Signal transducer and activator of transcription 1: The STAT1 gene provides instructions for making a protein that is involved in multiple immune system functions, including the body's defense against a fungus called Candida.
The STAT1 gene provides instructions for making a protein that is involved in multiple immune system functions, including the body's defense against a fungus called Candida. When the immune system recognizes Candida, it generates cells called Th17 cells. These cells produce signaling molecules (cytokines) called the interleukin-17 (IL-17) family as part of an immune process called the IL-17 pathway. The IL-17 pathway creates inflammation, sending other cytokines and white blood cells that fight foreign invaders and promote tissue repair. In addition, the IL-17 pathway promotes the production of certain antimicrobial protein segments (peptides) that control growth of Candida on the surface of mucous membranes.
The STAT1 protein helps keep the immune system in balance by controlling the IL-17 pathway. When the STAT1 protein is turned on (activated), it blocks (inhibits) this pathway.
In contrast to its inhibitory role in the IL-17 pathway, the STAT1 protein helps promote other immune processes called the interferon-alpha/beta (IFNA/B) and interferon-gamma (IFNG) signaling pathways. The IFNA/B pathway is important in defense against viruses, and the IFNG pathway helps fight a type of bacteria called mycobacteria, which includes the bacterium that causes tuberculosis.
At least 35 STAT1 gene mutations have been identified in people with familial candidiasis, an inherited tendency to develop infections caused by the Candida fungus (commonly called yeast infections). Most people with familial candidiasis have chronic infections of the skin, nails, and mucous membranes such as the lining of the mouth, collectively called chronic mucocutaneous candidiasis, beginning in early childhood. Some people with STAT1 gene mutations have additional features such as increased susceptibility to other infections and an increased risk of autoimmune disorders, in which the immune system attacks the body's own tissues or organs. This combination of signs and symptoms caused by STAT1 gene mutations is sometimes called immunodeficiency 31C.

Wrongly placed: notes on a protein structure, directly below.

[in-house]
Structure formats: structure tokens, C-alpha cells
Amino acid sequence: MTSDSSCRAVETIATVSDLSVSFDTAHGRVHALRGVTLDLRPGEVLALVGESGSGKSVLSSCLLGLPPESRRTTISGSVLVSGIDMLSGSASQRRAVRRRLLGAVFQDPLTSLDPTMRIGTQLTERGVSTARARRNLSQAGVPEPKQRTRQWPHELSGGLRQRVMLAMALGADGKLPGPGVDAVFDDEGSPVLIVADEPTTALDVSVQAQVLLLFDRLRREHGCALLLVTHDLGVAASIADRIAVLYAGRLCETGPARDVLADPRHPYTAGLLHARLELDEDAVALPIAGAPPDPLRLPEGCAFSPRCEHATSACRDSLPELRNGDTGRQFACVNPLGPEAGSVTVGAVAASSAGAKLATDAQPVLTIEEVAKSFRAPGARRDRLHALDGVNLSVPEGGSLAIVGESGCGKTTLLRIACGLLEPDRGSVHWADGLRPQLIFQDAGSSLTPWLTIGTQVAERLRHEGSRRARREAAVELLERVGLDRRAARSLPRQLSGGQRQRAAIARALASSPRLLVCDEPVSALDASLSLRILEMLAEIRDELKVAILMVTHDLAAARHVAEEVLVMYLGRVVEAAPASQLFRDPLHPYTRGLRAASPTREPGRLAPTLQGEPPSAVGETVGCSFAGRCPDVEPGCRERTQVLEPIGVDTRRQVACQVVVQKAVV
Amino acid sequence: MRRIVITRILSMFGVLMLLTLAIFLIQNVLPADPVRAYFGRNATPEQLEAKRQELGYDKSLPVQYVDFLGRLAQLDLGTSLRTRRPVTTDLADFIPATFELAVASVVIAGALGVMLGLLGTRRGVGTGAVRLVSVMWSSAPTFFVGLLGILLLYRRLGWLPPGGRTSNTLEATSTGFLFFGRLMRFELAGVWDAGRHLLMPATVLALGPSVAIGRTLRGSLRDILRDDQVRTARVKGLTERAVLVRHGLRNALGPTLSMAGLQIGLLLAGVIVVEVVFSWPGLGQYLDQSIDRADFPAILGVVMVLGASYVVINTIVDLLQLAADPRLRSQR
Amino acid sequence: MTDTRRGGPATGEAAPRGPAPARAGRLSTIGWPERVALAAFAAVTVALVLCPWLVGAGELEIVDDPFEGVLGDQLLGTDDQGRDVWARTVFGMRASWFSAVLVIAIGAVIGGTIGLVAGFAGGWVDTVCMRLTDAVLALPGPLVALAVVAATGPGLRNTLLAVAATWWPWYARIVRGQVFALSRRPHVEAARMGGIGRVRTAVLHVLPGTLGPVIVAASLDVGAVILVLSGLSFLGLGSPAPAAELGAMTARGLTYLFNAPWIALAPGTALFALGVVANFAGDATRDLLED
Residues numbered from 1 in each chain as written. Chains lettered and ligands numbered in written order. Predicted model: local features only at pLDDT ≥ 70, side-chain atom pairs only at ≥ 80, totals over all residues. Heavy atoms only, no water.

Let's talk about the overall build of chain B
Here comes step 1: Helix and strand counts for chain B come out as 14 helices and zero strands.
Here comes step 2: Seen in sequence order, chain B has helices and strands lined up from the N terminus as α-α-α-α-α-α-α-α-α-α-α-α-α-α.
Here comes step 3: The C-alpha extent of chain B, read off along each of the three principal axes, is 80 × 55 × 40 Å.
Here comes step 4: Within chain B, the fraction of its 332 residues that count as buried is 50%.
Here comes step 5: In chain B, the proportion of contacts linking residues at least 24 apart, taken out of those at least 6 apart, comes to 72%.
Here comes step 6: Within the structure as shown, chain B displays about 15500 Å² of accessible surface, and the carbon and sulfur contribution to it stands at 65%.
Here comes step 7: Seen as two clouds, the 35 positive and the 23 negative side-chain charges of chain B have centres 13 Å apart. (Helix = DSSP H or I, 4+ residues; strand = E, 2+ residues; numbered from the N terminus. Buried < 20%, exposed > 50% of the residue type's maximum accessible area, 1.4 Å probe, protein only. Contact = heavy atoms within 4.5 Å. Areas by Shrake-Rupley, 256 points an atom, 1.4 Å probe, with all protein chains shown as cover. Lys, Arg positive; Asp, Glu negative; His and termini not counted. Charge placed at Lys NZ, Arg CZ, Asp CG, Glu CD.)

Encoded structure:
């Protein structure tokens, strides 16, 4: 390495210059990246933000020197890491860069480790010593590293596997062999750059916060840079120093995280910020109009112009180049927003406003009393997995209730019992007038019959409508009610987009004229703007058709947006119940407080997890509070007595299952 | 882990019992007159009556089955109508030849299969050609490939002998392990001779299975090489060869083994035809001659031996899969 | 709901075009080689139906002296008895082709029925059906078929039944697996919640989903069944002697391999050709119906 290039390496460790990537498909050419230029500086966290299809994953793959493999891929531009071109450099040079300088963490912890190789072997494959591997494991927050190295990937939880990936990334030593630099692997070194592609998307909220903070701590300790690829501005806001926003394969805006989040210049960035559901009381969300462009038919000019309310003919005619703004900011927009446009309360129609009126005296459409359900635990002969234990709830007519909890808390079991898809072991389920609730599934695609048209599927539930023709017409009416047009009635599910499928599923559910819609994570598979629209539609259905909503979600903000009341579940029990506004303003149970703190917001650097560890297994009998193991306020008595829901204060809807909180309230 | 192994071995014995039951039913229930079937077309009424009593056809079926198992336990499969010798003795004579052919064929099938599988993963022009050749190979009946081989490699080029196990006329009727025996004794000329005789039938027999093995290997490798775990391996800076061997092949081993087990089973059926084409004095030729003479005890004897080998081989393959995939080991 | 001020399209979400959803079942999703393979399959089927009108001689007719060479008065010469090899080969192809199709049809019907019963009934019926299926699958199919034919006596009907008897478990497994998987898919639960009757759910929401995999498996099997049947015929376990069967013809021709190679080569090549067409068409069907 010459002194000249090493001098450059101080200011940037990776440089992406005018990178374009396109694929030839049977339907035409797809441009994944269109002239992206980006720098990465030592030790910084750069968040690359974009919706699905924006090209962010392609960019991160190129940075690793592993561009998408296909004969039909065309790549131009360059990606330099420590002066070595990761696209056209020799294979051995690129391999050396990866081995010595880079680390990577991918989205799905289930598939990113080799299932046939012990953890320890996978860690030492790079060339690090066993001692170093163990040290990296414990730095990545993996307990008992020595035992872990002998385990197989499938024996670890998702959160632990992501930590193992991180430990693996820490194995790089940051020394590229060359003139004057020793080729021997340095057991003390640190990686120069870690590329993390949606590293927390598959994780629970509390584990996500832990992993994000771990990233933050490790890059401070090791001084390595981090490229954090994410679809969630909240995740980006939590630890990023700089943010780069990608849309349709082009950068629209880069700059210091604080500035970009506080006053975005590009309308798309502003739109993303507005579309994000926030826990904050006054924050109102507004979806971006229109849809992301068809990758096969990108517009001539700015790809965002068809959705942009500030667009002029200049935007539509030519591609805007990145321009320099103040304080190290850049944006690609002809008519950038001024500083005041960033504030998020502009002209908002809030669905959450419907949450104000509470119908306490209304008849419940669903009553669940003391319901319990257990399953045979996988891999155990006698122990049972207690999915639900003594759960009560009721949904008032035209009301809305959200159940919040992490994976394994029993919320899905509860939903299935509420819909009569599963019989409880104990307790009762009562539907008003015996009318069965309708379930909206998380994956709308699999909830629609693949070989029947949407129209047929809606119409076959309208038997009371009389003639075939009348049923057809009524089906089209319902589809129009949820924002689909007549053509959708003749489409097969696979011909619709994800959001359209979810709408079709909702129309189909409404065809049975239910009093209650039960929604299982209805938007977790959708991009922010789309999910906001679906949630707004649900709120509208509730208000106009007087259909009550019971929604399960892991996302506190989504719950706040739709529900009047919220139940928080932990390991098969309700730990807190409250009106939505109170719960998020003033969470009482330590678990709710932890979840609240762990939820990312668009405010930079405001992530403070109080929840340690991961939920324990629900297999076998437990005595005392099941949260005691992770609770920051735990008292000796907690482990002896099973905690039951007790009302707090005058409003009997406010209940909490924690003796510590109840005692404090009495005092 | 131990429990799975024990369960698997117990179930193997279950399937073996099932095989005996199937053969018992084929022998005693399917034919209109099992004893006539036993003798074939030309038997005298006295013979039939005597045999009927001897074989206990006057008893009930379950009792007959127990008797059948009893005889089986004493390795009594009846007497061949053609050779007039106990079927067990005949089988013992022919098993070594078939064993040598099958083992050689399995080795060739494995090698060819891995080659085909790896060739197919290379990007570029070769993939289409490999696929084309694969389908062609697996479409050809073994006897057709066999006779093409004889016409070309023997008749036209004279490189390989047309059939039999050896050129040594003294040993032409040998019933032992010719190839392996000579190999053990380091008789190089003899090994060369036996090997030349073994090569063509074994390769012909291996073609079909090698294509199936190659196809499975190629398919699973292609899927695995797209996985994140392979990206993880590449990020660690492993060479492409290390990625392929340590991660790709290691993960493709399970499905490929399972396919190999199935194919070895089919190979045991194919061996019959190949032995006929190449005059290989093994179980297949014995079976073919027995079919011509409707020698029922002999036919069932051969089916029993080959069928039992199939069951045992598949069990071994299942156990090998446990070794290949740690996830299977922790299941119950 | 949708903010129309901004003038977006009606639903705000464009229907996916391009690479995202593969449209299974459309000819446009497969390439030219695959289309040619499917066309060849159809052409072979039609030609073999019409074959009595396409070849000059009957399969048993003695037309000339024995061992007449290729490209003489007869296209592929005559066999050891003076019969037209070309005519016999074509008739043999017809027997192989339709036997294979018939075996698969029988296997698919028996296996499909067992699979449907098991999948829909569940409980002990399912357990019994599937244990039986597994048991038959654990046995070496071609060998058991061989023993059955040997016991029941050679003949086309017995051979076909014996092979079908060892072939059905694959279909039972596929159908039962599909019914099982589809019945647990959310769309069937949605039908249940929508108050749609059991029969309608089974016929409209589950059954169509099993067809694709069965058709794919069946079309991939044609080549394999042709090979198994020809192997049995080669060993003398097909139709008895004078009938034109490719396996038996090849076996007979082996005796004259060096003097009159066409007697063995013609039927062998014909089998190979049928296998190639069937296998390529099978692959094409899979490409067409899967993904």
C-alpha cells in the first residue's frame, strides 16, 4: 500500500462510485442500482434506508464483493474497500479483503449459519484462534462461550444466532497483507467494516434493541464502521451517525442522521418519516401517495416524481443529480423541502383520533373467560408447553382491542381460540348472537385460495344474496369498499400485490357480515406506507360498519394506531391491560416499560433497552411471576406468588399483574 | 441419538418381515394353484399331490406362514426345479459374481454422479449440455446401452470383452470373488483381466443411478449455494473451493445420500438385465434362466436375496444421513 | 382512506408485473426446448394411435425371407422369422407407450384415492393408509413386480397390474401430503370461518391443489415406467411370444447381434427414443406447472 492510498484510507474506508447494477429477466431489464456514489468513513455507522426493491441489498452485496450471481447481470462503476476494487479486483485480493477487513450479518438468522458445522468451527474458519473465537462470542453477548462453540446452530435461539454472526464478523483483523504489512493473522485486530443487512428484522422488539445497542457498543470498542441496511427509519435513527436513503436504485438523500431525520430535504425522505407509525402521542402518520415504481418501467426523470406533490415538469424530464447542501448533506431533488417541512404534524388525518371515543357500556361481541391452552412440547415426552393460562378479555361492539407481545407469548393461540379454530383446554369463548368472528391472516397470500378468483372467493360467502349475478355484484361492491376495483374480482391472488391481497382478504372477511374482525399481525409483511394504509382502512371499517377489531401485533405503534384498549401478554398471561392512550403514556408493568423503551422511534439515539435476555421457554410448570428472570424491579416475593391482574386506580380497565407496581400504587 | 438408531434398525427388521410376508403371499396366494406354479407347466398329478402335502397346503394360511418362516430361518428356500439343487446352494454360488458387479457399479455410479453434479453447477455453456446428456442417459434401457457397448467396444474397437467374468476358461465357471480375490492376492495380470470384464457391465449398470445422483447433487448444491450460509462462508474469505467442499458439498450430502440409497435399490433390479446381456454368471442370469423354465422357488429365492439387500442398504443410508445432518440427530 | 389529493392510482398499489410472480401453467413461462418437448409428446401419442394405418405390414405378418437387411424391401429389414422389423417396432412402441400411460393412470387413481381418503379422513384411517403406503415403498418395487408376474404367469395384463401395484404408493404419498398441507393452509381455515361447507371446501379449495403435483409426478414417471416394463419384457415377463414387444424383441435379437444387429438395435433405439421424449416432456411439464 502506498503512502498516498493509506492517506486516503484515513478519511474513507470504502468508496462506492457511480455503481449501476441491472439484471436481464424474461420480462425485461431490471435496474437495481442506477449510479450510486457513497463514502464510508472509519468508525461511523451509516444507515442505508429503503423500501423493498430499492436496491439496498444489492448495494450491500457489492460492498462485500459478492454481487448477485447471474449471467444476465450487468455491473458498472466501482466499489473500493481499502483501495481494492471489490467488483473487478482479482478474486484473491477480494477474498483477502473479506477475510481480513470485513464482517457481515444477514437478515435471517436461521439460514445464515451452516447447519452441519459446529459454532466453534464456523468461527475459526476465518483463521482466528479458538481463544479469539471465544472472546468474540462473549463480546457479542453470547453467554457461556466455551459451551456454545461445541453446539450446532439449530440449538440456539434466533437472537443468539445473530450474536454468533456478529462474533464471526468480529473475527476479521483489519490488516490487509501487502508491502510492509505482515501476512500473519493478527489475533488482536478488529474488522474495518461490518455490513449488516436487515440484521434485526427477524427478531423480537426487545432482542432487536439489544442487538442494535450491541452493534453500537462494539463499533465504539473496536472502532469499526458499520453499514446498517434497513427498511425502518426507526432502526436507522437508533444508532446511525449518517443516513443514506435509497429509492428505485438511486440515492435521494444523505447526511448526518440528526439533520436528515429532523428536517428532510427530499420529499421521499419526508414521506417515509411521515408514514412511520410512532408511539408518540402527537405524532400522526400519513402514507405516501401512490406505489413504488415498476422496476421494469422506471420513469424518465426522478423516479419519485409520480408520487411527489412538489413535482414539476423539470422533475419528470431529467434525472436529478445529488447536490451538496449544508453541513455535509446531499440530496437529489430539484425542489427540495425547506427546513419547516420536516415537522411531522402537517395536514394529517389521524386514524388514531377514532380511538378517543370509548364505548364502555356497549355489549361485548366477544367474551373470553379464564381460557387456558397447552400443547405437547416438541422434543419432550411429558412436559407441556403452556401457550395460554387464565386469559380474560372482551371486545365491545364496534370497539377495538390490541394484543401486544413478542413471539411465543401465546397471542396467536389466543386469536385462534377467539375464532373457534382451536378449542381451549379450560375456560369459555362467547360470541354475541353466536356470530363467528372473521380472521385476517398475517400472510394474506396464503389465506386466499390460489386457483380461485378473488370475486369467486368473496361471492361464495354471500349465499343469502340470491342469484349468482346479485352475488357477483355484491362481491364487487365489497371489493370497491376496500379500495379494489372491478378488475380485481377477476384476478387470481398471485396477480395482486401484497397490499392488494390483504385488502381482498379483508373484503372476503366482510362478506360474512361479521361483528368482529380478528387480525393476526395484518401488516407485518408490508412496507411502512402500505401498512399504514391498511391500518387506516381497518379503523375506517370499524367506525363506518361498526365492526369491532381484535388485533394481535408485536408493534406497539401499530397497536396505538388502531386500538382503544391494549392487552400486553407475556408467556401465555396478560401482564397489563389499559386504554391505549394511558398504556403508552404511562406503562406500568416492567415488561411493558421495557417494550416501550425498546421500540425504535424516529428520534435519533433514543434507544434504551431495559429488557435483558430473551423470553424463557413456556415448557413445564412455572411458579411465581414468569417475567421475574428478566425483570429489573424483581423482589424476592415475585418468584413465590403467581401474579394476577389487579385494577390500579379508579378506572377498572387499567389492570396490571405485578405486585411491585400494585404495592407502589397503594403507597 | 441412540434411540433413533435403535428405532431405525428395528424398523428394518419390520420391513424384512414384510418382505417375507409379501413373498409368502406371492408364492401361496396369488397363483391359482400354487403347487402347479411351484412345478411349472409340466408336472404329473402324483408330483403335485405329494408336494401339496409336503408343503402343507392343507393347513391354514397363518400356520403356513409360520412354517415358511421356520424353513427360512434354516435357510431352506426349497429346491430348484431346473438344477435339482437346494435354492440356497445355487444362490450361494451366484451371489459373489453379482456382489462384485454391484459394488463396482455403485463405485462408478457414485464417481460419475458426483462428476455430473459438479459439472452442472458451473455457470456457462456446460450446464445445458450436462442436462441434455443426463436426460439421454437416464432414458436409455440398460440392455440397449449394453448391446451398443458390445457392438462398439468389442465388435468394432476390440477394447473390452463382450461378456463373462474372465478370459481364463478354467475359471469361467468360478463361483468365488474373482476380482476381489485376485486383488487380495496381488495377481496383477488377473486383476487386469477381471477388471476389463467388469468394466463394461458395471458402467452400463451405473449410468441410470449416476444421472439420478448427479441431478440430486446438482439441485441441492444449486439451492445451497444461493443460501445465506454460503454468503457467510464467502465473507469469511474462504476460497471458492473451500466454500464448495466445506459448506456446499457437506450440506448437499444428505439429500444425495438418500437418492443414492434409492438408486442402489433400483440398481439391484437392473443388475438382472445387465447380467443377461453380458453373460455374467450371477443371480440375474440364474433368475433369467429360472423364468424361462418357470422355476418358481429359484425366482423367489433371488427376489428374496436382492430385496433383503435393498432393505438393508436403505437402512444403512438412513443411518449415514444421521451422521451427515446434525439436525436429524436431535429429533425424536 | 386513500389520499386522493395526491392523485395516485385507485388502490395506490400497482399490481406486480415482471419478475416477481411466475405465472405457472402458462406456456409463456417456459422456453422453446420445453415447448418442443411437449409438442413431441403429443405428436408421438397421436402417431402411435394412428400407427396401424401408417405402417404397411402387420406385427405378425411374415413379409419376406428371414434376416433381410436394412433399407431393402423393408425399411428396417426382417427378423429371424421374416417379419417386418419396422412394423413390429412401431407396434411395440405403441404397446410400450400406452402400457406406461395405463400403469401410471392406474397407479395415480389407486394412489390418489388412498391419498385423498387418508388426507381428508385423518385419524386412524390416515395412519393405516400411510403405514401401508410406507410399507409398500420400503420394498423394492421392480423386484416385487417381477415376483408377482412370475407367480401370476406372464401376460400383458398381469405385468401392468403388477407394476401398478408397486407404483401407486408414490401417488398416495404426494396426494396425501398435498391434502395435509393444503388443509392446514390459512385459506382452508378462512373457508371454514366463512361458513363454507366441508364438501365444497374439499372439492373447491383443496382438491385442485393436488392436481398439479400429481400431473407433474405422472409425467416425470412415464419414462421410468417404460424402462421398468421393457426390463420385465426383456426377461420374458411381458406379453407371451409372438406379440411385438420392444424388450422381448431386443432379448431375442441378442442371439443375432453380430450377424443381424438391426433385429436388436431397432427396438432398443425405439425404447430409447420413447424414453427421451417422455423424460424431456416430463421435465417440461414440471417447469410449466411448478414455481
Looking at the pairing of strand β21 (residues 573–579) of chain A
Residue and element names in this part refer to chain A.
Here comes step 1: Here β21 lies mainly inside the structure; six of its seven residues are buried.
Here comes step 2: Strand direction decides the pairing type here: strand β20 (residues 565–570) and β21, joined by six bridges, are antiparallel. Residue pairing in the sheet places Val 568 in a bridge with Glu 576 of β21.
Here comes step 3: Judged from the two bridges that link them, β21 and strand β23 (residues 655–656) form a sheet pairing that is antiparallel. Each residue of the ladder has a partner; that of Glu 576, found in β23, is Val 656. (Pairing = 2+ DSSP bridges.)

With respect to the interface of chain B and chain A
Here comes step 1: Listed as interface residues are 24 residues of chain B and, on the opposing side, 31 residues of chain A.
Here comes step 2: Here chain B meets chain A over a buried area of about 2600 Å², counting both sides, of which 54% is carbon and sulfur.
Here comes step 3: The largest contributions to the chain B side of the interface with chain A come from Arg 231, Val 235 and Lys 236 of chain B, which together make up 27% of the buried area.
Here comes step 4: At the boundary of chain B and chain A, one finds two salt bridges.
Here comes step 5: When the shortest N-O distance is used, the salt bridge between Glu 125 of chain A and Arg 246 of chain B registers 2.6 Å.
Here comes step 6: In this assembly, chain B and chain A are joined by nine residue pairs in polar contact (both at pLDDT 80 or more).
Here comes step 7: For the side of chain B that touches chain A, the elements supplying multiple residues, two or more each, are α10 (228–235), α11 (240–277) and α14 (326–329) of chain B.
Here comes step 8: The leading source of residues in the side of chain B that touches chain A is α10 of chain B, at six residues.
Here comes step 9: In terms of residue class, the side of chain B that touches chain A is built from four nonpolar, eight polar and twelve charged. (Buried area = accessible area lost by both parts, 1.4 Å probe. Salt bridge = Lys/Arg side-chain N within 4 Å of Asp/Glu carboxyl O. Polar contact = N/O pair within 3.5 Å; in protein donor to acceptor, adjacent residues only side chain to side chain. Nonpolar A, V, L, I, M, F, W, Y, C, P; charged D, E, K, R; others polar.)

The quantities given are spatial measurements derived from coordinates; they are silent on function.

The STAT1 gene mutations that have been identified in people with familial candidiasis are described as "gain of function" because they increase the amount of activated STAT1 protein in cells. By increasing STAT1's inhibitory effect on the IL-17 pathway, the mutations impair the body's ability to fight Candida and result in the chronic infection that occurs in familial candidiasis. The effects of the increase in activated STAT1 protein on other signaling pathways are thought to underlie the variety of features that can occur in immunodeficiency 31C, but the specific mechanisms are not well understood.
STAT1 gene mutations can also cause other immune system problems called immunodeficiency 31A and immunodeficiency 31B. In contrast with the gain-of-function mutations associated with familial candidiasis (described above), these STAT1 gene mutations are described as "loss-of-function" mutations because they impair or eliminate the protein's normal action. The STAT1 gene mutations that cause immunodeficiency 31A impair the STAT1 protein's function in the IFNG pathway, resulting in an increased susceptibility to mycobacteria. In the more severe disorder immunodeficiency 31B, the STAT1 gene mutations impair both the IFNG pathway and the IFNA/B pathway, resulting in susceptibility to both viral infections such as herpes simplex and viral encephalitis, and mycobacterial infections such as tuberculosis.
signal transducer and activator of transcription 1, 91kDa
signal transducer and activator of transcription-1
transcription factor ISGF-3 components p91/p84